just adding all the RadioShack numbers to a cart and adding cost in for the Pelican case, Kenwood Radio, I'm already up to $916.63; without tax or shipping.
EvilRSA2 years ago
Whoa, did you knock over a Radio Shack?? The shopping list alone is over $1,000! Do / did you work at a shack and get a hell of a discount, or did you just keep getting parts a little at a time?
SHUT UP AND TAKE MY MONEY!!!!!!!!!!!!!!!!!!!!!!!!!!!!!!!
irishmail2 years ago
Substitute this for the discontinued Kenwood>> Lepai LP-S60 four channel car stereo. Advanced features include: FM receiver, MP3 decoding with USB and SD/MMC card inputs, an IR remote control, and an antenna. Trim ring included for flush mounting.

www.parts-express.com/pe/showdetl.cfm?Partnumber=310-306
4 channels, half the power consumption AND half the weight
tinker0002 years ago
Are you not going to use the radio part? I found in hooking up car stereos the Antenna needs to be attached or else nothing but static. How about installing a longer jack for it and attaching a collapsible antenna if you want to listen to the radio?
Author noahw wrote, "... wandering the rivers of the west ...". If that's the western U.S., there's often nothing to receive — with or without an antenna. You'll get no FM day or night, and AM may only come in as fading ionospheric "skip" signals during the night from stations that are hundreds of miles away.  The only thing that would be reliable in most cases is satellite radio, such as Sirius, and even that may not work well in canyons.
noahw (author)  pcooper22 years ago
This boom box is not only for use on the river though...
noahw (author)  tinker0002 years ago
Excellent catch. I've been wrestling with an antenna for the box for some time. At first I wanted to get a telescoping antenna that was the standard 30" long that could slide down and collapse within the box, but most of what I found locally were powered antenna units and expensive - overkill. I've found a rubber "whip style" shorter antenna that fits inside the box, that could be mounted on the underside of the control panel and was planning on using that. I just wasn't able to make it all happen fast enough and really wanted to get this project published. But, I will surely add in an antenna on this unit. If not necessarily to listen to the radio for music, since they don't always play what I'm into, but for safety so that in the event of an emergency, I'd have a sustainable source of information for broadcasts etc...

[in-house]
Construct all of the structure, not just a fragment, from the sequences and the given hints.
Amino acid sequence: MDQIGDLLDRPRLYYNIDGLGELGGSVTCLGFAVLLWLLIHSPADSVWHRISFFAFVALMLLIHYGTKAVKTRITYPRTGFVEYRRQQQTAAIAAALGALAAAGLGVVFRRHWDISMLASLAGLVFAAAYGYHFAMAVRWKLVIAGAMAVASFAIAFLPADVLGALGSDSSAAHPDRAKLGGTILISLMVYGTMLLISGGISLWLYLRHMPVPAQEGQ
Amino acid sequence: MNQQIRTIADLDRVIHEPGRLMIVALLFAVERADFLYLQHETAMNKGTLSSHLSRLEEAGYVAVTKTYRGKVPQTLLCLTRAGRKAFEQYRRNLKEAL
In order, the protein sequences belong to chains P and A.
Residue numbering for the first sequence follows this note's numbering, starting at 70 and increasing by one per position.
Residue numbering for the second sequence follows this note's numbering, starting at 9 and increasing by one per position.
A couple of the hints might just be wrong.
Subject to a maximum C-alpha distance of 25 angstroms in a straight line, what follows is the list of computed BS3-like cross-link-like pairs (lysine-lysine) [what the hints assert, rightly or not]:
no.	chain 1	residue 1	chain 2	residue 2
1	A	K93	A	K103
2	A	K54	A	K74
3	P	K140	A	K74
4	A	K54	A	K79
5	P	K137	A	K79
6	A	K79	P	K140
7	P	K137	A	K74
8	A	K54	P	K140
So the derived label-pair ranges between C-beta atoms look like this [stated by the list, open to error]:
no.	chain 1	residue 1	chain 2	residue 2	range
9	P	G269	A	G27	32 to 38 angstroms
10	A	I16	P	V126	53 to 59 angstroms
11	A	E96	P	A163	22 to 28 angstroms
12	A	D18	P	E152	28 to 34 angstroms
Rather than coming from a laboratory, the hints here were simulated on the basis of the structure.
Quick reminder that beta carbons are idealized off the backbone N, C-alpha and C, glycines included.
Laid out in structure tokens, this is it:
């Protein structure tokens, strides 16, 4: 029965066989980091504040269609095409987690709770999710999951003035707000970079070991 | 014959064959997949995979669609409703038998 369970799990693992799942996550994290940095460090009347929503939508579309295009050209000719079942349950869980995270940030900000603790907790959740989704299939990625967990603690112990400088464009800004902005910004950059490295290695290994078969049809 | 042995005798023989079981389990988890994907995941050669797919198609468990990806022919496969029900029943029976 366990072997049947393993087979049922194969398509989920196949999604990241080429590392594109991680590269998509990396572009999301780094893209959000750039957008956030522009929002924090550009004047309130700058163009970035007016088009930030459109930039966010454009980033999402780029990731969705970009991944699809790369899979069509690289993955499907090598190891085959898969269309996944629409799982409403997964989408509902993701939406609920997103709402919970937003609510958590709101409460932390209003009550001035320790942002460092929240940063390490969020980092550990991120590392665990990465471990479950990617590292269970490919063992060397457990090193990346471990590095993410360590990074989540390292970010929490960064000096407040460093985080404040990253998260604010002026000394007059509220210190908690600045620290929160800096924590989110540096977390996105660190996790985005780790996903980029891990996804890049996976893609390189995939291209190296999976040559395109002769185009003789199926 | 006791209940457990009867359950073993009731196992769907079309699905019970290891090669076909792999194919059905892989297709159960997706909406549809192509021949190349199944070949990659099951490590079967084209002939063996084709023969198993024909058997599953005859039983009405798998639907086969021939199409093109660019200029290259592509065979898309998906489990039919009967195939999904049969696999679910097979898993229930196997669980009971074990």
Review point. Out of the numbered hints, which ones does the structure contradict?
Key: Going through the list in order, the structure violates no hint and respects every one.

Thanks for your comment and ideas!
pcooper22 years ago
The method of securing the front panel looks dubious. I'd expect the wood blocks that were attached to the plastic Pelican case with epoxy to break loose on the first or second outing if one has to traverse a few miles of unpaved, washboard road with potholes. Pelican uses polypropylene for their cases, a plastic that is notoriously poor for gluing. Since you've already broken the integrity of the case by cutting speaker holes into it, I'd consider fabricating aluminum brackets and riveting or screwing them to the inside of the case about 3/4 inch below the lip, then using several machine screws with decorative panel washers to secure the panel. That would allow removal for service, too.

It appears RadioShack no longer offers the Kenwood KMR-440U marine radio, or any marine radio, for that matter.
noahw (author)  pcooper22 years ago
This is an excellent suggestion - I will most likely have to make this improvement since one of the support blocks that I epoxied to the wall of the pelican case has already come off and needed to be re-glued. I thought about using some nice gnarled brass thumb screws to secure it to the more permanent bracket next time. Drill and tap the bracket, screw in the thumb screw from above, and presto. Thanks for the tip!
I have an old briefcase/camera case that my grandfather brought from Hungary in the 50's that I plan on making into something just like this. I plan on having a small car audio amplifier to run both the speaker inside the box and also be able to power other speakers via terminal jacks. I plan on using one of these to run everything:

http://www.dealextreme.com/p/digital-audio-mp3-player-module-with-remote-controller-1-5-lcd-57557
ivanjacob2 years ago
whats the weight?
and how much did it cost??
im planning on doing something simular like this.
awsome instructable
This is great, plenty of detail too. I was planning something similar, maybe encorporating a couple of USB charger ports and building the solar panels into the outside of the lid so the unit can be closed against the elements whilst running and charging.
I might also add a small light into the inside of the lid to make it easier to use at night.
I've got a load of 6v 8ah SLA's from an old UPS to test and use for a project.